When you pull on the corners of the roof skin, that will flatten out the center. A certain amount of this may be designed into the part. Because if its too curved, you can flatten by pulling on the ends but if they made it too flat it would be useless. So be sure the straps don't interfere with this. And if it ends up needing clamps to hold it all the way for welding, thats OK. I mean the skin doesn't have to just drop on exactly perfect so I may have exaggerated there in the interest of avoiding weld warpage earlier. On first gens thats how it is though.

Your solution is likely to be a combination of my and deadbodyman's tips. When I mentioned briefly about the angles of the bends being off, I was touching on what he explained. The step down from roof face to glass bed is what really has to be fine tuned to the individual car body. Both the skin and the car flange can adapt to meet but the glass is your guide.

Not having A pillar skins on prevents assessment of windshield fit. You need to know how the sides fit, they are arguably more important.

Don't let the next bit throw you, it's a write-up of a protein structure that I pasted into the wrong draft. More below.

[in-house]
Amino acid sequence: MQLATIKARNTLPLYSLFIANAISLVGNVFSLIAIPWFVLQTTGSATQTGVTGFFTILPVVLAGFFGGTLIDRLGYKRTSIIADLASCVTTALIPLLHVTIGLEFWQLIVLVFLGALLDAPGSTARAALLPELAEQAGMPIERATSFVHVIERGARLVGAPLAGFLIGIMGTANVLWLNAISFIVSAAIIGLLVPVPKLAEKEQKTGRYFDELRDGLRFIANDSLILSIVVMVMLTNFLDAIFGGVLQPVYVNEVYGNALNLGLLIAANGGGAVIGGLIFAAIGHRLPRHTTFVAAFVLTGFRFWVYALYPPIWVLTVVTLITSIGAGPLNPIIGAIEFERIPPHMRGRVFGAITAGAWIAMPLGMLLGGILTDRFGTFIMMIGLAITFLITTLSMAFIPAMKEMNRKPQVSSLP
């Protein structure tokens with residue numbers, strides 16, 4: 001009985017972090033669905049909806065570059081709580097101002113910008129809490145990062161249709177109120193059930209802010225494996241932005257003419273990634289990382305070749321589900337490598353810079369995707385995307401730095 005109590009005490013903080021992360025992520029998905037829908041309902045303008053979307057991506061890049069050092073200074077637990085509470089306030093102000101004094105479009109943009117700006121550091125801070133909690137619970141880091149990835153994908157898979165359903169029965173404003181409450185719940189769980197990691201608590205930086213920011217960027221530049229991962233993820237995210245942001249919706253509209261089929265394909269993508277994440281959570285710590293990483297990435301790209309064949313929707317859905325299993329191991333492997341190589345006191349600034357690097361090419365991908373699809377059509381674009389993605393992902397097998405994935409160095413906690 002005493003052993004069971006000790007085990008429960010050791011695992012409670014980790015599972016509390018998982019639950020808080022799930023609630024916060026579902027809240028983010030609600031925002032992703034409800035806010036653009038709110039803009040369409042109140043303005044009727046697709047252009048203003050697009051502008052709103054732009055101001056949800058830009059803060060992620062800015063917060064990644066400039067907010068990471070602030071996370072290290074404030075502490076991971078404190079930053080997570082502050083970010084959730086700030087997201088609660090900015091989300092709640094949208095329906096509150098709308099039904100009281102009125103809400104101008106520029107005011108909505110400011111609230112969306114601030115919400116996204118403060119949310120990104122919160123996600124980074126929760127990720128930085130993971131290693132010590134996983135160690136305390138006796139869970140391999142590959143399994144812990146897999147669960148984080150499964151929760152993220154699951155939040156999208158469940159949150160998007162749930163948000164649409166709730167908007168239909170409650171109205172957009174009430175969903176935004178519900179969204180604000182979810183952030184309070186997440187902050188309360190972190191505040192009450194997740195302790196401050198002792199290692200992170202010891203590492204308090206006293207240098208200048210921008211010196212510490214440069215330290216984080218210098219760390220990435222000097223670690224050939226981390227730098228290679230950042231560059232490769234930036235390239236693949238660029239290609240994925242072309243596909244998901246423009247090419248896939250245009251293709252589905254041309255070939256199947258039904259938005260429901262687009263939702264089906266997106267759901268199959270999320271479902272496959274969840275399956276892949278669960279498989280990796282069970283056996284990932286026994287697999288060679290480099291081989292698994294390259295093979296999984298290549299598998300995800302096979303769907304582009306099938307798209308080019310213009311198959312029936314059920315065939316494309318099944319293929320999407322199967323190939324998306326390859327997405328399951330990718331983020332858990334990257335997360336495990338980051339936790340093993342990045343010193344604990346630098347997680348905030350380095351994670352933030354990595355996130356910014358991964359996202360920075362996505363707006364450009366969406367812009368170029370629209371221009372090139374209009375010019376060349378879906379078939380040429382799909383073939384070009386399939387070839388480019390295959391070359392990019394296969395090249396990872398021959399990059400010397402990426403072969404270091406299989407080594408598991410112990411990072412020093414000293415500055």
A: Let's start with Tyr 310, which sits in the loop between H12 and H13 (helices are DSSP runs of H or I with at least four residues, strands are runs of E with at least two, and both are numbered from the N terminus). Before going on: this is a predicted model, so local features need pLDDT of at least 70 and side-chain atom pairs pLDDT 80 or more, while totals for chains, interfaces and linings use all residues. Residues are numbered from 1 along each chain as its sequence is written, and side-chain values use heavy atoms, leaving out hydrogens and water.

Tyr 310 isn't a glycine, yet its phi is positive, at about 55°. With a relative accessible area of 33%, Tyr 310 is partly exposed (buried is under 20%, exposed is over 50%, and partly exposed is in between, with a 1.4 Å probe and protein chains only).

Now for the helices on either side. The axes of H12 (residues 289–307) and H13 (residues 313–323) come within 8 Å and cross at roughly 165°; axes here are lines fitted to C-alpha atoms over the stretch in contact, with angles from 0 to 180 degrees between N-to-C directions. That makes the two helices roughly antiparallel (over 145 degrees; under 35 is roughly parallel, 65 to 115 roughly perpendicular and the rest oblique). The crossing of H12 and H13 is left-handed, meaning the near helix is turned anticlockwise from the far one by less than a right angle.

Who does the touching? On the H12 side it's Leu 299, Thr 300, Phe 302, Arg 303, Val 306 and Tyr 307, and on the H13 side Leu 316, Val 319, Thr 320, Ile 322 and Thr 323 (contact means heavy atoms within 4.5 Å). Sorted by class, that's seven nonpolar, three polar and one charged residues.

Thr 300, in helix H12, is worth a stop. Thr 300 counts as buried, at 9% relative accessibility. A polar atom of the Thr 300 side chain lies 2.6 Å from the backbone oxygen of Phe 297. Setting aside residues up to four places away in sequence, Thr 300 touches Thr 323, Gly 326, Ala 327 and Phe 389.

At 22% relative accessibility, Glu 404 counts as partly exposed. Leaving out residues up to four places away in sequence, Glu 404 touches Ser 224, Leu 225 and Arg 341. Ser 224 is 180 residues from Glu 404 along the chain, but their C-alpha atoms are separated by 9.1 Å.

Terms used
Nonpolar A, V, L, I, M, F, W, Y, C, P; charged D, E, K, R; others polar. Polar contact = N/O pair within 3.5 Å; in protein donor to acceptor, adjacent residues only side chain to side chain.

Get all the old adhesive off the glass, make little matching half inch tall blocks to tape on and simulate a uniform adhesive bead. Look at and show us the fit from the inside so the glass and flange curve can be seen.

The reason car glass sits shy of flush is so that when a wild tree limb strikes the pillar, it has much less chance of striking the glass. So I advise keeping that below flush. If you make it totally flush the whole thickness of the molding would stick up farther anyway and that might kinda defeat the effort.

Last but not least, you may need bigger than 1/8" holes for a sturdy pick tool or something when prying to bring corners into place. I say 1/8 because I have a punch that size that works good plus thats the pilot hole size I use for drill screws.
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Old 04-07-2018, 02:51 PM
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Originally Posted by idrivejunk View Post
Hey. Glad you're back on it.

When you pull on the corners of the roof skin, that will flatten out the center. A certain amount of this may be designed into the part. Because if its too curved, you can flatten by pulling on the ends but if they made it too flat it would be useless. So be sure the straps don't interfere with this. And if it ends up needing clamps to hold it all the way for welding, thats OK. I mean the skin doesn't have to just drop on exactly perfect so I may have exaggerated there in the interest of avoiding weld warpage earlier. On first gens thats how it is though.